The European Union’s proposed stockpile of medicine may exacerbate the United Kingdom’s current shortage issues.
EU to store important medications to add to UK’s already severe drug shortage issue, causing concern that the country may fall behind in obtaining necessary medicines.
The EU is aiming to protect its resources by implementing a new system where its 27 nations collaborate to ensure a steady supply of 200 frequently used medicines, including antibiotics, painkillers, and vaccines.
The bloc’s decision to protect itself from a rise in drug shortages could worsen the already limited availability of medication for the NHS, creating significant challenges for doctors.
Dr. Andrew Hill, a specialist in the pharmaceutical industry, stated that Europe is ensuring access to important medications and vaccines as a unified region with significant influence and purchasing power. However, due to Brexit, the UK is now separated from this system, potentially putting our drug supplies in jeopardy in the future.
The United Kingdom is currently facing a significant shortage of drugs, with over 100 medications, including those used for cancer, type 2 diabetes, and motor neurone disease, being difficult or impossible to acquire.
According to Mark Dayan, the head of the Brexit program at the Nuffield Trust health think tank, the EU’s choice to function as a purchasing group could potentially put Britain at a significant disadvantage.
Dayan expressed concern that the UK may fall behind in addressing shortages due to Brexit, as its large neighbor, now a separate market, may take priority.
The European Union is considering purchasing more medication together, beginning with a focus on antibiotics in the upcoming winter season.
The initiative also includes transferring medicine stocks among member states to address shortages in other countries. This action may restrict UK buyers in certain situations.
“This would risk worsening shortages from a starting point where they are already exceptionally severe for the UK and other countries, with a mounting impact in terms of costs and wasted time for the NHS, and in terms of patients struggling to get what their doctors have said they need.”
The European Medicines Agency, previously located in London while Britain was a member before Brexit, has announced that medications on their “critical medicines” list will receive priority for EU-wide measures to improve their supply chains and reduce the potential for shortages. The determination of a drug being “critical” is based on the severity of the illness it treats and the availability of alternative treatments in case of a shortage. The EU intends to broaden the list to include a greater variety of medications.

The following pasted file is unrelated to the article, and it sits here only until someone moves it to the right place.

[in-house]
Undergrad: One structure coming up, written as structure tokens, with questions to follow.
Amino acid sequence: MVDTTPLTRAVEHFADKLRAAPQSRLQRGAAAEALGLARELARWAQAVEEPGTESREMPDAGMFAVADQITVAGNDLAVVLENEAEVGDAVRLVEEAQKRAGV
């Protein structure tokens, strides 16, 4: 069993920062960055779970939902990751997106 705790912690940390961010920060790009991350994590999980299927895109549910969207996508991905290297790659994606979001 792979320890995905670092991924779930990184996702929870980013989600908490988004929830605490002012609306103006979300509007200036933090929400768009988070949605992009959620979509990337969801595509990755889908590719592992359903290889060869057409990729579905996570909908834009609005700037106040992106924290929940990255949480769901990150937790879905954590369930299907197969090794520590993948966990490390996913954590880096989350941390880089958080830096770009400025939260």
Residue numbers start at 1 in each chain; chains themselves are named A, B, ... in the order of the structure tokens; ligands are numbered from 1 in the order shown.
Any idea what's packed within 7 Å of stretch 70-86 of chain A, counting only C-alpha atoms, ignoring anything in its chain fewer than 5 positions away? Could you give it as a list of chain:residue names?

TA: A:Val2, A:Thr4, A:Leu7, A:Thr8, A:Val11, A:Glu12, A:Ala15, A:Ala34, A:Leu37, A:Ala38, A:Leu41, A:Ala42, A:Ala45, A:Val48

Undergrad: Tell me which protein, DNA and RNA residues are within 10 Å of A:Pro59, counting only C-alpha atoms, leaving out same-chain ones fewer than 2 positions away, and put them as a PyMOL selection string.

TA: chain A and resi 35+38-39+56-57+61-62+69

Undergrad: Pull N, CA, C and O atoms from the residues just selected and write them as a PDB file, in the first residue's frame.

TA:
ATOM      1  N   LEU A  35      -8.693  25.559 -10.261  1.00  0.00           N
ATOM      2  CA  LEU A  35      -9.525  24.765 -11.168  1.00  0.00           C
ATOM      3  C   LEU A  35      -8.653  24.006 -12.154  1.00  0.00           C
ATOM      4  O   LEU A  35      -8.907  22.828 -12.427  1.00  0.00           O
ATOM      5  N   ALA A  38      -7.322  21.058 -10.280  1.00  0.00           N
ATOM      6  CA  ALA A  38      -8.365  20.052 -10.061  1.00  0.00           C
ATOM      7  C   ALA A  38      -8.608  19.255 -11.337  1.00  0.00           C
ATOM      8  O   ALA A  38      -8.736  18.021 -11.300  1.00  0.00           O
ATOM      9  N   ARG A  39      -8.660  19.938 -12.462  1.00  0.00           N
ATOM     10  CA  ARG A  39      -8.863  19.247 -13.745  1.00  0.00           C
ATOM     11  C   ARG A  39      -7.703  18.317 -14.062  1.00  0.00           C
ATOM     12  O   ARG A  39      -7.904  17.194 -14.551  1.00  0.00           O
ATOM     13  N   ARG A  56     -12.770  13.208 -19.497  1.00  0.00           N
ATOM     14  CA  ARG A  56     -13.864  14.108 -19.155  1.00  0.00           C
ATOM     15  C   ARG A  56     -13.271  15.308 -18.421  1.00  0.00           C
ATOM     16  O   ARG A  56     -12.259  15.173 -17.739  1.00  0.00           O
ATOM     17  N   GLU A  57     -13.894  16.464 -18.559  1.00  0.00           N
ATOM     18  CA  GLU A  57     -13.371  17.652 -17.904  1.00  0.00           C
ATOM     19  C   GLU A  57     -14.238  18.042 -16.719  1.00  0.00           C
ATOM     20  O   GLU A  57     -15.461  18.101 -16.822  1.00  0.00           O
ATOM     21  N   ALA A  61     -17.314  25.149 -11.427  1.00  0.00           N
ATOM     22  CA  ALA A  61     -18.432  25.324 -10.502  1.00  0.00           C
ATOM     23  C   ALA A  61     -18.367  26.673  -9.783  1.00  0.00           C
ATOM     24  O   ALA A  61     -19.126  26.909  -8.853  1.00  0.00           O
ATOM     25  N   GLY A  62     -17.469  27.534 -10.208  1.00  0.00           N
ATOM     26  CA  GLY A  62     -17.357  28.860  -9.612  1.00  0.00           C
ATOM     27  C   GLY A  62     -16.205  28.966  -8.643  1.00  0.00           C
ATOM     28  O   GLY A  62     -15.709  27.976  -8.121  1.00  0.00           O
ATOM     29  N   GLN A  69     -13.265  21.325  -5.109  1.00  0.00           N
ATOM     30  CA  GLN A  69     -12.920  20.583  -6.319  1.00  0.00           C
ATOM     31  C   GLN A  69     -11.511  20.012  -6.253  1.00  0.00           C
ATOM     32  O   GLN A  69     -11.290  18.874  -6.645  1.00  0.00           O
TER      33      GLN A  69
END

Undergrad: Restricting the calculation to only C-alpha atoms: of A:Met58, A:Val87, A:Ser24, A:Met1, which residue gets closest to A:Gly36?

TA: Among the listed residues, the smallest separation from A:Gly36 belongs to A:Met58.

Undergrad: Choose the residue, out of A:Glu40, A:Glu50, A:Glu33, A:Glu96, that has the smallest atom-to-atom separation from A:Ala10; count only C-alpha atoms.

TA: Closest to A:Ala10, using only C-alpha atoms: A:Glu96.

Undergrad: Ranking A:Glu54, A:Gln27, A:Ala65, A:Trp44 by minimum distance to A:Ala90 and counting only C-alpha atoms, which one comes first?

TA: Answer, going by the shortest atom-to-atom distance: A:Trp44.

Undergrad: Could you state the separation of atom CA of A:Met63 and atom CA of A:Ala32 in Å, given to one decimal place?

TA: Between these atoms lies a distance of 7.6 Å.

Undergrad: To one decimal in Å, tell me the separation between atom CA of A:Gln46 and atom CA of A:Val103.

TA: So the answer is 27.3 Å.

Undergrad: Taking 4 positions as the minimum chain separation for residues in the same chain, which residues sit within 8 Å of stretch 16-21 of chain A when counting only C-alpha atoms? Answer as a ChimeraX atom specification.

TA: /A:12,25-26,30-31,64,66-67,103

According to Hill, there are various factors that contribute to Britain being less appealing to the pharmaceutical industry compared to the EU.
The United Kingdom has stricter rules and higher taxes compared to the European region, and it is also a smaller country. These factors discourage drug companies from selling their products in the UK, which has a population of 66 million, when they have a larger market of 450 million nearby that is more interested in purchasing their products.
Hill suggested that the UK should enhance collaboration with the EU in terms of medication supply, similar to its current partnerships in defense, law enforcement, and higher education, in order to safeguard its access to drugs.
The European Union is also contemplating providing incentives to pharmaceutical companies to construct new production facilities as a part of their efforts to address global shortages resulting from events like the conflict between Russia and Ukraine.
Several European nations, such as France, are looking to increase their own drug manufacturing capabilities in order to lessen their dependence on India and China.
The CEO of the British Generic Manufacturers Association, Mark Samuels, stated that the government’s recent choice to raise the amount it takes back from generic drug manufacturers when their sales surpass an agreed amount could potentially make certain products unprofitable and impractical to bring into the UK.
According to Samuels, if the government does not have a plan to improve the production of generic medicines in Britain, which make up 80% of the drugs used by the NHS, the supply issues will continue to worsen as the EU takes action to secure their own supplies.
However, the EU’s actions may not necessarily aggravate drug shortages in Britain, according to the Association of the British Pharmaceutical Industry, which speaks on behalf of pharmaceutical companies in the UK.
The director of patient access, David Watson, acknowledges that shortages of resources can occur for various reasons. He believes that it is important for us to collaborate internationally in order to prevent and handle these shortages for the benefit of patients. There is no indication that the recent policies of the EU will have a negative effect on addressing this ongoing issue.
The United Kingdom has established procedures to protect important medicine supplies, collaborating with companies.
Daisy Cooper, the health spokesperson for the Liberal Democrats, stated that swift measures must be taken to tackle the current shortages of drugs, which are causing major difficulties for individuals who depend on them. Despite the severe consequences on people’s well-being, the Conservative government appears to be neglecting this issue.
The government needs to address concerns about their stubborn attitude towards our European allies and how it may lead to more suffering for regular citizens.
The Department of Health and Social Care was requested to provide a statement.